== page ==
UEFA coefficient: Which two countries will earn extra Champions League spot?

Qualifying for the Champions League remains the priority for a whole host of European giants at the beginning of each season, but things may have been made slightly easier this year.

With Europe’s premier competition changing its format and expanding from 32 teams, there are two extra qualifying spots to play for in some of the top divisions on the continent. Which leagues will be handed those places depends on the respective UEFA coefficient rankings of various nations.

Those coefficient rankings relate to the performances of clubs in UEFA competitions this season, with only the two countries with the highest coefficients earning the extra qualifying spots.

Let’s take a closer look at next season’s Champions League format, as well as the current UEFA coefficient rankings.

With the Champions League’s format change comes an expansion of the tournament, with 36 teams participating in the competition from the 2024/25 season onwards – four more than the current number of participants.

Despite their being four extra clubs in next season’s competition, only two extra spots will be handed out to European leagues based on their coefficient.

For example, if England finishes with one of the best two overall coefficient rankings for the 2023/24 season, five teams will qualify for next year’s Champions League from the Premier League – instead of the current four.

A country’s coefficient depends on the performances of that nation’s participants in UEFA competitions. Ideally, countries want their clubs in European tournaments for as long as possible as it gives them a better chance of climbing the coefficient table.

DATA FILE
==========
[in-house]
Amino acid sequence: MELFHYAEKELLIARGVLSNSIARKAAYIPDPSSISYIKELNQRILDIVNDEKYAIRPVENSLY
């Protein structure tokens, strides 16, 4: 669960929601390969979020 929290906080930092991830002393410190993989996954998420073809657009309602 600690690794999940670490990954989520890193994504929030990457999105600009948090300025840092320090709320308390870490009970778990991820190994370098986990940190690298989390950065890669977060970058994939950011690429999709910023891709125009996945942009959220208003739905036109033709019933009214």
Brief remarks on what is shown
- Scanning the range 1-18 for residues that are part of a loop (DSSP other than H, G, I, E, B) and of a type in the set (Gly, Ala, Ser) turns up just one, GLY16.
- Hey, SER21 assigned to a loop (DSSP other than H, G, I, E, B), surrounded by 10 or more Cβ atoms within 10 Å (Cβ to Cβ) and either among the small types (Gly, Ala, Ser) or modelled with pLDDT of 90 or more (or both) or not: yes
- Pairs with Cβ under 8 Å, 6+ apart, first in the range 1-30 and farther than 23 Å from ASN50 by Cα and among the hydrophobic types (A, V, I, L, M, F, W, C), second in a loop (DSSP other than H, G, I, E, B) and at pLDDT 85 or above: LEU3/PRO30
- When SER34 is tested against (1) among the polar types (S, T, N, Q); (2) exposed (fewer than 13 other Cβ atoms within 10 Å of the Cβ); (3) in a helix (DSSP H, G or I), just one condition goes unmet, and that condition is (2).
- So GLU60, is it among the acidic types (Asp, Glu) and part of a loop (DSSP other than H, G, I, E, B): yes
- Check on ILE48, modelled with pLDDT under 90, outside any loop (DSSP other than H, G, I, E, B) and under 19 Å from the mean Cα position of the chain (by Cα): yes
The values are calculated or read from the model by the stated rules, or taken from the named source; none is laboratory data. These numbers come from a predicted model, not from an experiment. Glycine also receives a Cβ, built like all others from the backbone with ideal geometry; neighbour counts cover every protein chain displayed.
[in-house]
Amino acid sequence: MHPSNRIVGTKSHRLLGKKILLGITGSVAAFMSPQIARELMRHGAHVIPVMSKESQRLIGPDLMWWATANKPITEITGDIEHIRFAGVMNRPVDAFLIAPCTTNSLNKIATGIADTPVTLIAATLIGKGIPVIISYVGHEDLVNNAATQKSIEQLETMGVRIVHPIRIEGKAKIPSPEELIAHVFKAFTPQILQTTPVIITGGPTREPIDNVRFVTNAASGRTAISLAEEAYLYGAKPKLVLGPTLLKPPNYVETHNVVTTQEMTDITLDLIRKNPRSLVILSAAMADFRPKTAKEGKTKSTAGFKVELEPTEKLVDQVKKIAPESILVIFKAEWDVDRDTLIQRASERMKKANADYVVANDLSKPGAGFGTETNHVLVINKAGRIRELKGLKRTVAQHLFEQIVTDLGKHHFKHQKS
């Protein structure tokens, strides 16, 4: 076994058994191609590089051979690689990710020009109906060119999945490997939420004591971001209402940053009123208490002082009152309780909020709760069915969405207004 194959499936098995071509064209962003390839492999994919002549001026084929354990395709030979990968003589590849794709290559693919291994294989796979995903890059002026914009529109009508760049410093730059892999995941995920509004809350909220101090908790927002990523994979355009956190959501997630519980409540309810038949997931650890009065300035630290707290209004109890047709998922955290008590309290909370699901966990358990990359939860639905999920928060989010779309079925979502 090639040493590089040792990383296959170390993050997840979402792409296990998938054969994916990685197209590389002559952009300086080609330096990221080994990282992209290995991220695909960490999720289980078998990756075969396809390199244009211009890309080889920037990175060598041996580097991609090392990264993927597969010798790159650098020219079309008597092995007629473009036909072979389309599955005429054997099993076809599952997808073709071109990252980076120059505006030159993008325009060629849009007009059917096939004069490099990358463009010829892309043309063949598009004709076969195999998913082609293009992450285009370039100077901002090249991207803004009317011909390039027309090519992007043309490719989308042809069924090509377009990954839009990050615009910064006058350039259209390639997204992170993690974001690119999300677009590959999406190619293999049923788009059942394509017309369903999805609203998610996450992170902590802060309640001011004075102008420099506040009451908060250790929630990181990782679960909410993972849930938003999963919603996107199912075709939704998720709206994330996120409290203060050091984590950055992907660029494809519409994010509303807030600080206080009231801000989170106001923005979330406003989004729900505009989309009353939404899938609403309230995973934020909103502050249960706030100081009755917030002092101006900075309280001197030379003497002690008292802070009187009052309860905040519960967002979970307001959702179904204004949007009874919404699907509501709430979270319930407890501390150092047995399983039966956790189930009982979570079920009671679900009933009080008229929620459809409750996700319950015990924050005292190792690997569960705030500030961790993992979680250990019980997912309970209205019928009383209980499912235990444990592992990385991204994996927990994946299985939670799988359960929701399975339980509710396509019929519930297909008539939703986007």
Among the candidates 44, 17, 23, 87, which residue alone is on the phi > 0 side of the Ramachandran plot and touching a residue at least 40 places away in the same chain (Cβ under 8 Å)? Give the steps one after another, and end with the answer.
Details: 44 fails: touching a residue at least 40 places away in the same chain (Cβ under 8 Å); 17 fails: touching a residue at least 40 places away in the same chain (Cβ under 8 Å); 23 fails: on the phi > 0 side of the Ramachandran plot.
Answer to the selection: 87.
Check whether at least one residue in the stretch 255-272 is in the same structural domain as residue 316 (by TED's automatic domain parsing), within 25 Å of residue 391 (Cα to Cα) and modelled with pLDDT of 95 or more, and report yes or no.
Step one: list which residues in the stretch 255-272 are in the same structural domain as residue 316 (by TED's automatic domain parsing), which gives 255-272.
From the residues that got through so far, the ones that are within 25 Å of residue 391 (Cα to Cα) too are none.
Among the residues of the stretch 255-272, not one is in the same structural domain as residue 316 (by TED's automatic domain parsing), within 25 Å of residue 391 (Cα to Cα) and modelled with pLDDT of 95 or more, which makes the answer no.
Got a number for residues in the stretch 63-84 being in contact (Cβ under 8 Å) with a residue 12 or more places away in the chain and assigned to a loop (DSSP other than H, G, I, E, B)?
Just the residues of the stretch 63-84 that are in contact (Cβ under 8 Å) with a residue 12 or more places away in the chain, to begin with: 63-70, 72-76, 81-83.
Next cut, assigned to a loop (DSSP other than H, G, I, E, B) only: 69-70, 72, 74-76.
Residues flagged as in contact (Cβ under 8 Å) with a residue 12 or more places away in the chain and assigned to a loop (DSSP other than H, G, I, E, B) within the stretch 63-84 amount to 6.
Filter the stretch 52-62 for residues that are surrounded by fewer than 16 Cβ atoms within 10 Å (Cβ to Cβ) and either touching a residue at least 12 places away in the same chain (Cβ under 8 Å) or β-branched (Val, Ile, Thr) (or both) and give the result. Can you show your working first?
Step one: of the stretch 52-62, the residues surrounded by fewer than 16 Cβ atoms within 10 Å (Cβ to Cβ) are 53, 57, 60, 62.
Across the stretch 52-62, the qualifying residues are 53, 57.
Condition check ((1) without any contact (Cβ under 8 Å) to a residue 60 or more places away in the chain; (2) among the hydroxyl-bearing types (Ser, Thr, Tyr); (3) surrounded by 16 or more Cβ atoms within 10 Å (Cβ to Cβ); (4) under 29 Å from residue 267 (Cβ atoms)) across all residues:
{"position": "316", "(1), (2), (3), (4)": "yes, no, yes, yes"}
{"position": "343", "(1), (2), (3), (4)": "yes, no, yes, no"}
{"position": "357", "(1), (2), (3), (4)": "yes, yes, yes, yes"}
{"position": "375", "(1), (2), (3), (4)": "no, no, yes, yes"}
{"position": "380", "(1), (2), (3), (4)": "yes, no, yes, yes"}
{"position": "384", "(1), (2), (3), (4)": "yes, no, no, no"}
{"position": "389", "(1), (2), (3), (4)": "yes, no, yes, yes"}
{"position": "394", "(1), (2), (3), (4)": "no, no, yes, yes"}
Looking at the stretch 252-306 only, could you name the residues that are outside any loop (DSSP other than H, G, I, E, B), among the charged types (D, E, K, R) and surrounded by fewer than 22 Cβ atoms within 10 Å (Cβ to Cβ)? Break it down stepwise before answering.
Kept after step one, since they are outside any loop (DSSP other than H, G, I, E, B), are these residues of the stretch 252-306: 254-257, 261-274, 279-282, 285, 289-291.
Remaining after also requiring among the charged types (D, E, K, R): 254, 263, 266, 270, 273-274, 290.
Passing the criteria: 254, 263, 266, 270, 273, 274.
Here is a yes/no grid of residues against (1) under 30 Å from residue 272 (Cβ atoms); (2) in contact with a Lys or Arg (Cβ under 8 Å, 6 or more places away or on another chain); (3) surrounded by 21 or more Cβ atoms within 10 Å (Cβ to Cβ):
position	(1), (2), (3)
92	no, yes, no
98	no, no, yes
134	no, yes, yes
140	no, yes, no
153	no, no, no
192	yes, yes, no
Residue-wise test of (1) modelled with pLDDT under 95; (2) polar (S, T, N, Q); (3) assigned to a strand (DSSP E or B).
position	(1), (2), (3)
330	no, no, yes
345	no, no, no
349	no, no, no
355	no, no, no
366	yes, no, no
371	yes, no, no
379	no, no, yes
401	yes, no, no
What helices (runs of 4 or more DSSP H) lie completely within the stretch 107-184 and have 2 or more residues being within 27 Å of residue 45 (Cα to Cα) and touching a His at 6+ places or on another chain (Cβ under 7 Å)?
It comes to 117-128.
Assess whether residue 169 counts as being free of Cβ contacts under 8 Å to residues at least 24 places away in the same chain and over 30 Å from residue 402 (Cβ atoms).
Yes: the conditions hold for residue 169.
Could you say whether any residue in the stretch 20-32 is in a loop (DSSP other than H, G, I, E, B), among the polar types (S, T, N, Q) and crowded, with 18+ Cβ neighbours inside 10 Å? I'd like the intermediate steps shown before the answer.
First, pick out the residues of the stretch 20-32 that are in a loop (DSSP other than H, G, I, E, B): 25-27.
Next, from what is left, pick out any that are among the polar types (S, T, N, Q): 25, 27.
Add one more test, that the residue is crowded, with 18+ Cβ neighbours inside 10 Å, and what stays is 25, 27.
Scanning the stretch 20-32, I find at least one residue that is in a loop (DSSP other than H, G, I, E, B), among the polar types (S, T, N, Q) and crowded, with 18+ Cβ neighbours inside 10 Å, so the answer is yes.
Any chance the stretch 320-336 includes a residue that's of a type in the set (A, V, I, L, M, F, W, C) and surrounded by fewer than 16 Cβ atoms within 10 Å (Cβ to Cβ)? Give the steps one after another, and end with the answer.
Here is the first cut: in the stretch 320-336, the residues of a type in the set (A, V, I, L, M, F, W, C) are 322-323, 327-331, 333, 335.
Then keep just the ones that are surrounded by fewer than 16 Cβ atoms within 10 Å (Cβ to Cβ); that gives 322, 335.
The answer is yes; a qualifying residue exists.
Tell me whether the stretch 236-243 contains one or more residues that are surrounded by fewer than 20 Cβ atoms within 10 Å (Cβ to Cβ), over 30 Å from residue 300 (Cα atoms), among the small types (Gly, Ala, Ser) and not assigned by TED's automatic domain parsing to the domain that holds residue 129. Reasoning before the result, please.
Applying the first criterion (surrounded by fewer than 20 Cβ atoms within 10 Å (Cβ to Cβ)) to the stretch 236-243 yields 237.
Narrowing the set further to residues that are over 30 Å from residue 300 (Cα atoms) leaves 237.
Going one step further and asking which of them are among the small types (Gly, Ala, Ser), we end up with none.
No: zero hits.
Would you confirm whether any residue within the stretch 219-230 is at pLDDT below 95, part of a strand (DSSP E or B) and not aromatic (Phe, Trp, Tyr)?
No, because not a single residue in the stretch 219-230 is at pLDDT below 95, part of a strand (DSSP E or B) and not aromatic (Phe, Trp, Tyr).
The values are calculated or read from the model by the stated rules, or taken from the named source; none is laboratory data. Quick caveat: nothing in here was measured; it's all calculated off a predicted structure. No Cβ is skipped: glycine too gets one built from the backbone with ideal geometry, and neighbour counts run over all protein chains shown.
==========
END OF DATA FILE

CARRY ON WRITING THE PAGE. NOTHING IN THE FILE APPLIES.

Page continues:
Serie A is almost certain of an extra Champions League spot next season due to their coefficient total, while the Bundesliga will be given another European place as things stand. Borussia Dortmund’s qualification for the final four of the Champions League certainly boosted their coefficient.

Unfortunately for the likes of Tottenham and Manchester United, the Premier League currently sits third in the coefficient rankings. There is still plenty of time for that to change, although Liverpool’s 3-0 home defeat to Atalanta in the Europa League didn’t help.

Both France and Spain look unlikely to secure an extra space, but they are not out of the running completely.

As previously stated, the 2024/25 Champions League will see 36 teams compete, but that’s not the only change. The group stage has been done away with and replaced by a single league table, with teams in the competition playing eight times during the league phase.

Half of those games will be home and the other half away, with fixtures determined by clubs being seeded in four different pots. Each team will play two sides from each pot, with one home and away fixture against a club from each pot.

The teams that finish in the top eight in the league phase automatically qualify for the last 16, while teams from ninth to 24th will compete in a two-legged knockout playoff. Teams from ninth to 16th will face sides from 17th to 24th in this play-off.

From the round of 16 onwards, the competition will be unchanged from its current format.

The short answer is yes, If a team from one of the nations with one of the top two coefficients were to win the Europa League but fail to qualify for the Champions League domestically, then their respective league could have six teams represented next season.

For example, if Roma were to win this season’s Europa League and finish outside the top five in Serie A, then they would join the Italian teams that qualified for the Champions League domestically in next season’s competition – providing Italy have one of the two highest coefficients.


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